Newcastle goalkeeper Karl Darlow urges players to get vaccinated for Covid-19

Newcastle United’s Karl Darlow has urged footballers to “go and get the jab” after he recovered from a serious bout of Covid-19.

The goalkeeper spent three days on a hospital drip and was “severely worried” after catching the virus before he was due to have his first vaccine in July.

Having only just returned to full fitness after “awful fatigue” and losing five kilos, Darlow told the BBC his ordeal had convinced “a couple” of his team-mates to get immunised.

But speaking on The Sports Desk podcast, Darlow added that “four or five” other Newcastle players remain unvaccinated “for hopefully genuine reasons”.

Darlow’s warning comes as the Premier League prepares to send a video to clubs next week in which the government’s deputy chief medical officer Professor Jonathan Van-Tam urges players to ignore myths and misinformation about the vaccine.

There is growing concern about the numbers refusing get inoculated, with almost a third in the English Football League still not immunised.

‘My family was panicking’

Darlow, 30, believes he caught the virus after attending the Euro 2020 final at Wembley, just four days before he was due to have his first vaccination.

A few days after testing positive his conditions worsened.

“I ended up driving myself into hospital about 11 or 12 o’clock at night, just so I could get hydrated, because I wasn’t able to swallow with my glands so swollen,” he said.

“I was severely worried. When it was at it’s worst…I didn’t want it to affect my breathing. I knew that if I could get in and get on a drip and get the food and water into myself, I’d be OK but there’s always a thing, in the back of your mind, that if it does get into your breathing, then you are in serious trouble.

“Obviously your family’s panicking.”

‘I had awful fatigue for weeks’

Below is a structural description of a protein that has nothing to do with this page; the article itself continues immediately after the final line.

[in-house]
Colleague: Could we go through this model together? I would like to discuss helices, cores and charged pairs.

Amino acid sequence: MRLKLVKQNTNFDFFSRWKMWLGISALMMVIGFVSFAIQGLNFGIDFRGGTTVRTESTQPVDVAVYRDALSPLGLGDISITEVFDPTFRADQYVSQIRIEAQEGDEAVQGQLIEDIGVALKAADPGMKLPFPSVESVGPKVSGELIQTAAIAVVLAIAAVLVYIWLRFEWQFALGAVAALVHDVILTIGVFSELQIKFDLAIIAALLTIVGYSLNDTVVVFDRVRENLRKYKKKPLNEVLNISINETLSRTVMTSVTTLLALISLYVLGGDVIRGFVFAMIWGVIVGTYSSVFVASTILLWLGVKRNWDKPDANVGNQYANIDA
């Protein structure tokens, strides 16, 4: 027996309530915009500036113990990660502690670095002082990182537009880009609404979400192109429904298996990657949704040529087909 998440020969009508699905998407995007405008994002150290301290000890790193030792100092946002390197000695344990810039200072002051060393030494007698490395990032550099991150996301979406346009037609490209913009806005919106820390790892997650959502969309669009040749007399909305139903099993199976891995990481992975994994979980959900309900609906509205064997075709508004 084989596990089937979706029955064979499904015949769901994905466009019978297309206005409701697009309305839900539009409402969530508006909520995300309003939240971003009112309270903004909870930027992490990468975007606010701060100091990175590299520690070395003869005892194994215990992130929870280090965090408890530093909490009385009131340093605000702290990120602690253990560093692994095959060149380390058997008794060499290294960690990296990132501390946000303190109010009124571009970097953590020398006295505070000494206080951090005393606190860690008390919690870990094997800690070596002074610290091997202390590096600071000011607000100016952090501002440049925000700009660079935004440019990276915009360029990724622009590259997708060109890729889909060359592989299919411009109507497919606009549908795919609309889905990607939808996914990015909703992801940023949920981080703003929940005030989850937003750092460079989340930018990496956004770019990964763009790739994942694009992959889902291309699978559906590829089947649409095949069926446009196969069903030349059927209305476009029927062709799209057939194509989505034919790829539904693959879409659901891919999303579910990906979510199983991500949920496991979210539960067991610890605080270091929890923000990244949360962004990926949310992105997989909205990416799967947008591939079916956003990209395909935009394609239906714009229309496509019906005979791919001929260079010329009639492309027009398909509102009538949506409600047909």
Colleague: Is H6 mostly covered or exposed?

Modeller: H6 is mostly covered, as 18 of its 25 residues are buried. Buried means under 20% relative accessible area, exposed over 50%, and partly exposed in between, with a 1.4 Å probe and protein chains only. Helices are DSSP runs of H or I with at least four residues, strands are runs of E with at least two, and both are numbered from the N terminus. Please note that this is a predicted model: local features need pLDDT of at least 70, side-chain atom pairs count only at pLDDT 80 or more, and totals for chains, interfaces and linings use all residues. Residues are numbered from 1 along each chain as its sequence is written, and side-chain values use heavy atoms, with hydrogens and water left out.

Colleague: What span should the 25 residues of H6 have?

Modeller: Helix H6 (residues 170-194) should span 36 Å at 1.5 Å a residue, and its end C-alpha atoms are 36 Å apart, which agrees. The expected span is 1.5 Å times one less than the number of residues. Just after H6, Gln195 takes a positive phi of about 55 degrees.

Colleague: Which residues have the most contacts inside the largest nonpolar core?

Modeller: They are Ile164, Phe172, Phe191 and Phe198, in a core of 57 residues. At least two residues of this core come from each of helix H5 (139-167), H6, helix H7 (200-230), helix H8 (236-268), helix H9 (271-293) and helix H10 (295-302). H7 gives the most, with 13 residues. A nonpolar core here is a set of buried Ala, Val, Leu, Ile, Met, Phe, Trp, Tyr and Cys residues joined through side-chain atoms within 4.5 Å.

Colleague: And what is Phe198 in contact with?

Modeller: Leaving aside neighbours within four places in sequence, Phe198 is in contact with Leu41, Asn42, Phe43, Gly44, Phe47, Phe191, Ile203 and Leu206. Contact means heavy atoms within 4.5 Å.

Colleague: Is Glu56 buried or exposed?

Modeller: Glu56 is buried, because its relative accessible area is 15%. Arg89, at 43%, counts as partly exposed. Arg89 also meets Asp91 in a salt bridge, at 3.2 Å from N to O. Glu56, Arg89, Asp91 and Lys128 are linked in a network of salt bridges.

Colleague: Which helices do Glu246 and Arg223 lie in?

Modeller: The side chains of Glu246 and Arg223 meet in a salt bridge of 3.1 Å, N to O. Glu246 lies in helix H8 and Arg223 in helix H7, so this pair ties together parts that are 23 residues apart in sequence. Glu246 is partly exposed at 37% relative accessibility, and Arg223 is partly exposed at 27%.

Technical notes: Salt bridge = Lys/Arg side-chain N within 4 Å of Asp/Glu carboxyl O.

Darlow is now fully recovered and in contention to face Manchester United and Cristiano Ronaldo at Old Trafford this weekend, but revealed he suffered from “awful fatigue for weeks”.

“It was probably two or three weeks, even after I’d been diagnosed, that I was still going home sleeping in the afternoon for two, three hours and then after probably 9-10 hours at night.

“I had nearly every single symptom, I think. The hot and cold, diarrhoea, everything, it wasn’t nice. Weight wise, I wasn’t able to eat or drink for three or four days, so I ended up losing about five kilos. I don’t think Lucy, my partner, could believe just how gaunt I was in the face and how much weight I had lost.”

Darlow says he now regrets not organising a jab earlier, and revealed his experience had helped to convince “a couple” of his team-mates at St James’ Park to get vaccinated.

“I think seeing how I was probably convinced them to go and get get it done. So it’s tough, because everyone who isn’t having it has their own reason, and sometimes it’s hard to convince or go into deep conversation with your team-mates about getting vaccinated if they have a very good reason, and you can’t force it upon people.

Darlow said his message to unvaccinated footballers who may think they are too young and healthy to worry about Covid is “go and get the jab”.

“I just thought it wouldn’t have that massive effect on me if I did catch it,” he said.

“I think there are a lot of people that are thinking that way [but] there are numerous cases now that are younger people and unfortunately, people are not recovering and others are taking a substantial amount of time to come back.

“You don’t want to go through it and risk your health.”

‘Four or five players have not had jab’

Although most clubs have been reluctant to reveal the vaccination status of their squads, Newcastle United boss Steve Bruce is among several football managers to admit some of their players have declined to take the vaccine. To encourage uptake, Professor Van-Tam has already met Premier League captains to dispel myths around immunisation.

Athletes in a range of sports have expressed concerns that the side-effects of vaccination could affect their performance, but Darlow said that was not a concern he heard from team-mates.

“People have their own reasons for either health issues, or religious reasons, and different things,” he said.

The pressure on players to be immunised could increase if the government presses on with plans to make vaccine passports mandatory for fans attending sports events in England with crowds of more than 20,000 people.

The Scottish government will bring in such a policy from 1 October. Travel for fixtures abroad could also become harder for athletes who are not vaccinated, especially if cases rise this winter.

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